As the May 25th deadline for the European General Data Protection Regulation (GDPR) looms closer many organisations still haven’t made the internal changes required by the new law. For those who haven’t yet faced up to the impact of GDPR, a good starting point is to understand how the 7 Principles of this new regulation affect their business. The challenge many have found is that there is not ‘one size fits all’ when it comes to GDPR. Every organisation will have different requirements. That’s why it’s recommended that organisations urgently carry out a self-assessment to gauge their own level of compliance, which considers their own unique circumstances. Here are some of the questions organisations should ask themselves:
- Has all the personal data being held, where it comes from, how it’s processed and who it has shared with been documented?
- Are lines of accountability clearly documented should there be a data breach?
- Has a lawful basis for the processing been identified and documented? If not then has consent been obtained from the data subjects?
- Is there a process to securely dispose of personal data that’s no longer required?
- Do staff receive data protection awareness training, and do they know what processes to follow to identify, report and resolve data breaches?
- Do we carry out internal audits to monitor our own compliance with data protection principles?
- Have appropriate technical and organisational measures to protect data during processing been implemented?
- Do key people in the organisation demonstrate support for data protection?
- Can we respond to a data subjects request to see the personal data we hold about them?
The ICO, the UK’s supervisory authority, are providing assistance by making a self-assessment tool available on their website. This can help both data controllers and processors to identify compliance gaps and provides recommended actions. After carrying out a self-assessment, organisations need to draw up a plan for tackling the compliance gaps identified. As can be seen from the above questions, high on the list of priorities is documentation. Documentation needs to exist that details the processes and policies to be followed, and as evidence that those processes are being followed. This is because, in the event of a data breach, auditors from the supervisory authority will be looking for documentary evidence that shows how organisation has tried to comply with GDPR. Such evidence could significantly reduce the likely penalties. The level of detail required will depend largely on the sensitivity of the personal data held, and likely risk of a breach. For example, in the case of highly sensitive data, a full Data Protection impact assessment should be carried out to understand and mitigate the risks. If companies are diligent in their efforts to protect personal data, and thereby protect the customers themselves, then Elizabeth Denham, head of the ICO, has some comforting words.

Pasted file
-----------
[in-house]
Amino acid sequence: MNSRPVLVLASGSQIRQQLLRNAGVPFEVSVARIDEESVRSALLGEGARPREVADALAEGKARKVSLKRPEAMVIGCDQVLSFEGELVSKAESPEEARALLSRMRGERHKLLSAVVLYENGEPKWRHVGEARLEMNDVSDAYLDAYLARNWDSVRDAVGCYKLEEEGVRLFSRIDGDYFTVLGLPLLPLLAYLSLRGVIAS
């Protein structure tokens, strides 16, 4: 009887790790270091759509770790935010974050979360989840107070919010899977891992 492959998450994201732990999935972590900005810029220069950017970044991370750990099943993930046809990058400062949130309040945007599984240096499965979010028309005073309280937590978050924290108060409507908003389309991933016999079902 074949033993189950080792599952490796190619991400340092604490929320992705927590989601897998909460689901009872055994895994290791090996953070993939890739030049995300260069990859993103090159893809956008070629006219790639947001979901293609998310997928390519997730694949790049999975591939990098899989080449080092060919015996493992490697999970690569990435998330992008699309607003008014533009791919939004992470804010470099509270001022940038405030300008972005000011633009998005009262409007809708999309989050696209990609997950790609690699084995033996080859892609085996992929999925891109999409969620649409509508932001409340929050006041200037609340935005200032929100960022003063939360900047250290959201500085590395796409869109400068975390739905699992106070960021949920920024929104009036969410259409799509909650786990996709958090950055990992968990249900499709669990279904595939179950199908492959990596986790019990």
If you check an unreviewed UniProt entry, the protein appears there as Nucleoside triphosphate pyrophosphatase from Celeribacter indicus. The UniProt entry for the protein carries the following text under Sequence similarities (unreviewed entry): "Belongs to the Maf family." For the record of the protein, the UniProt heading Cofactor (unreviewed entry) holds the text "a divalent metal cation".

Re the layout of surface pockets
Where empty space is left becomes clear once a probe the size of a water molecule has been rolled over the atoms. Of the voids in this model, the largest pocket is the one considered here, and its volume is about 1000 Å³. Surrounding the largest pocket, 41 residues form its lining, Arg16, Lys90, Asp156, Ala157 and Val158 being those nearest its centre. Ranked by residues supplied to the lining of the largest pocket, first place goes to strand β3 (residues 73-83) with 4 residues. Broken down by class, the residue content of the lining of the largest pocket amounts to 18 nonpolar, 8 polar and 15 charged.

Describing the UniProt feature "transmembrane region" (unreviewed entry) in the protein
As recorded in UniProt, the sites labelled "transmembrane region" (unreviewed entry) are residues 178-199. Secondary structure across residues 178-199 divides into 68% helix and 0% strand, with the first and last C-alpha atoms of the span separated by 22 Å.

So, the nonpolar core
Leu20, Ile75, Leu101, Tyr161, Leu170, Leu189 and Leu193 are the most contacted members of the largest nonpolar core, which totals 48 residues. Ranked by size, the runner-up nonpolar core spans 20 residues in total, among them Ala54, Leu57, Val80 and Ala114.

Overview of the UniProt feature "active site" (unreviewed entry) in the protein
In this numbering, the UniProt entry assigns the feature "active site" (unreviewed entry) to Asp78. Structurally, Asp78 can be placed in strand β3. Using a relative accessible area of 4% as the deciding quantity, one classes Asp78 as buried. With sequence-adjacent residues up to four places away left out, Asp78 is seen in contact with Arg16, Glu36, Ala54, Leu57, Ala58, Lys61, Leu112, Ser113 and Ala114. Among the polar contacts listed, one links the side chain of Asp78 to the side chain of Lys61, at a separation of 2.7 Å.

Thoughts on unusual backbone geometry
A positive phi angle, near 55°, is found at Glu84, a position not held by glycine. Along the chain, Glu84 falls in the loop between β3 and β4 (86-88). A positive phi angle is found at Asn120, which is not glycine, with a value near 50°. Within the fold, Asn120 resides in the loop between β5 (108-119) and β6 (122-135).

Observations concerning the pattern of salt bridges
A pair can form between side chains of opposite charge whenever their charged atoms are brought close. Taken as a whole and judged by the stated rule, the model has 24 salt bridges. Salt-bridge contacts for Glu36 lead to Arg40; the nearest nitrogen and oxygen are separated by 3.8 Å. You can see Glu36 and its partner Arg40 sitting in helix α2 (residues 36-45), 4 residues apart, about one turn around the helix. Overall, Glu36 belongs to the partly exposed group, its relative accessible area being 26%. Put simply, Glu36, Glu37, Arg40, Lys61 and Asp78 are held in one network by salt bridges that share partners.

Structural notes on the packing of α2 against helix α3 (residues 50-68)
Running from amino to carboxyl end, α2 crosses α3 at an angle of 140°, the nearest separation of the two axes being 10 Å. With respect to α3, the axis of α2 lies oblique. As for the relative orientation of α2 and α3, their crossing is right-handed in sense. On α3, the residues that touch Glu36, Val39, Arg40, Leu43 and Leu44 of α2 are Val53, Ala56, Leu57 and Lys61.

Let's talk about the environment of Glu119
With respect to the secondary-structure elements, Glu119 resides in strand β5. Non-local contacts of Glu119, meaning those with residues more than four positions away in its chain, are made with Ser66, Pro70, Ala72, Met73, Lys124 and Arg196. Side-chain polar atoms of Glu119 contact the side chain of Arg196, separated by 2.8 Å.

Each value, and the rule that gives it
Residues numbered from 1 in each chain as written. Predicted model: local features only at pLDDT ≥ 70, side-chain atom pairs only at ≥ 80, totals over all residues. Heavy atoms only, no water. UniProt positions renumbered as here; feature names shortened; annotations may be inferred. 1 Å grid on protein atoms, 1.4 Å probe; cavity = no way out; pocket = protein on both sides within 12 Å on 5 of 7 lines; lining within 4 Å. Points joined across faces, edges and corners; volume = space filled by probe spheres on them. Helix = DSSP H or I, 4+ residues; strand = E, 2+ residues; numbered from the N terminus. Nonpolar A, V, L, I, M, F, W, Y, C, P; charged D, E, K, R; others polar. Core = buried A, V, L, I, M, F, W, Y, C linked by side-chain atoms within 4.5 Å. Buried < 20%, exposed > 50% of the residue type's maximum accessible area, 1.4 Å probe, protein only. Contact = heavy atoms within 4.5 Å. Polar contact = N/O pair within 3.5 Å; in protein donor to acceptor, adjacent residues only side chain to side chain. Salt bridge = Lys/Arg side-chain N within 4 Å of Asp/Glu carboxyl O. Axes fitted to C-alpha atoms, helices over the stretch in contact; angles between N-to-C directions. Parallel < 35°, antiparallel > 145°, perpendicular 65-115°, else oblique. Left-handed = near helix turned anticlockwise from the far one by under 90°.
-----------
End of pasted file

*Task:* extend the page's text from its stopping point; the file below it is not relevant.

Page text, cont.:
‘You will know by now that, while I am never afraid to use the stick in the cupboard, I prefer the carrot.
Education, engagement, encouragement, – they all come before enforcement.
I have said many times that we are a pragmatic regulator and that hefty fines will be reserved for those who wilfully or persistently flout the law.’
GDPR is challenging companies to put their data protection house in order, but the benefit of GDPR is that it forces companies to better understand their own processes and improve internal governance. This can lead to greater efficiencies and transparency, which can ultimately help to restore trust in big corporations that has steadily been eroded by every new revelation about misconduct and abuse of power, not to mention poor customer service. Organisations that are looking for ways to avoid GDPR should instead start embracing it as a way to restore customers trust.
Mark Jenkins has worked in the IT industry for over 15 years as a BI and Analytics consultant, and more recently as ROC Product Manager for Subex Ltd. He has designed and deployed solutions for global companies in many sectors including Insurance, utilities and telecommunications. Mark holds a BSc Hons in Computer Science from Manchester University (UK).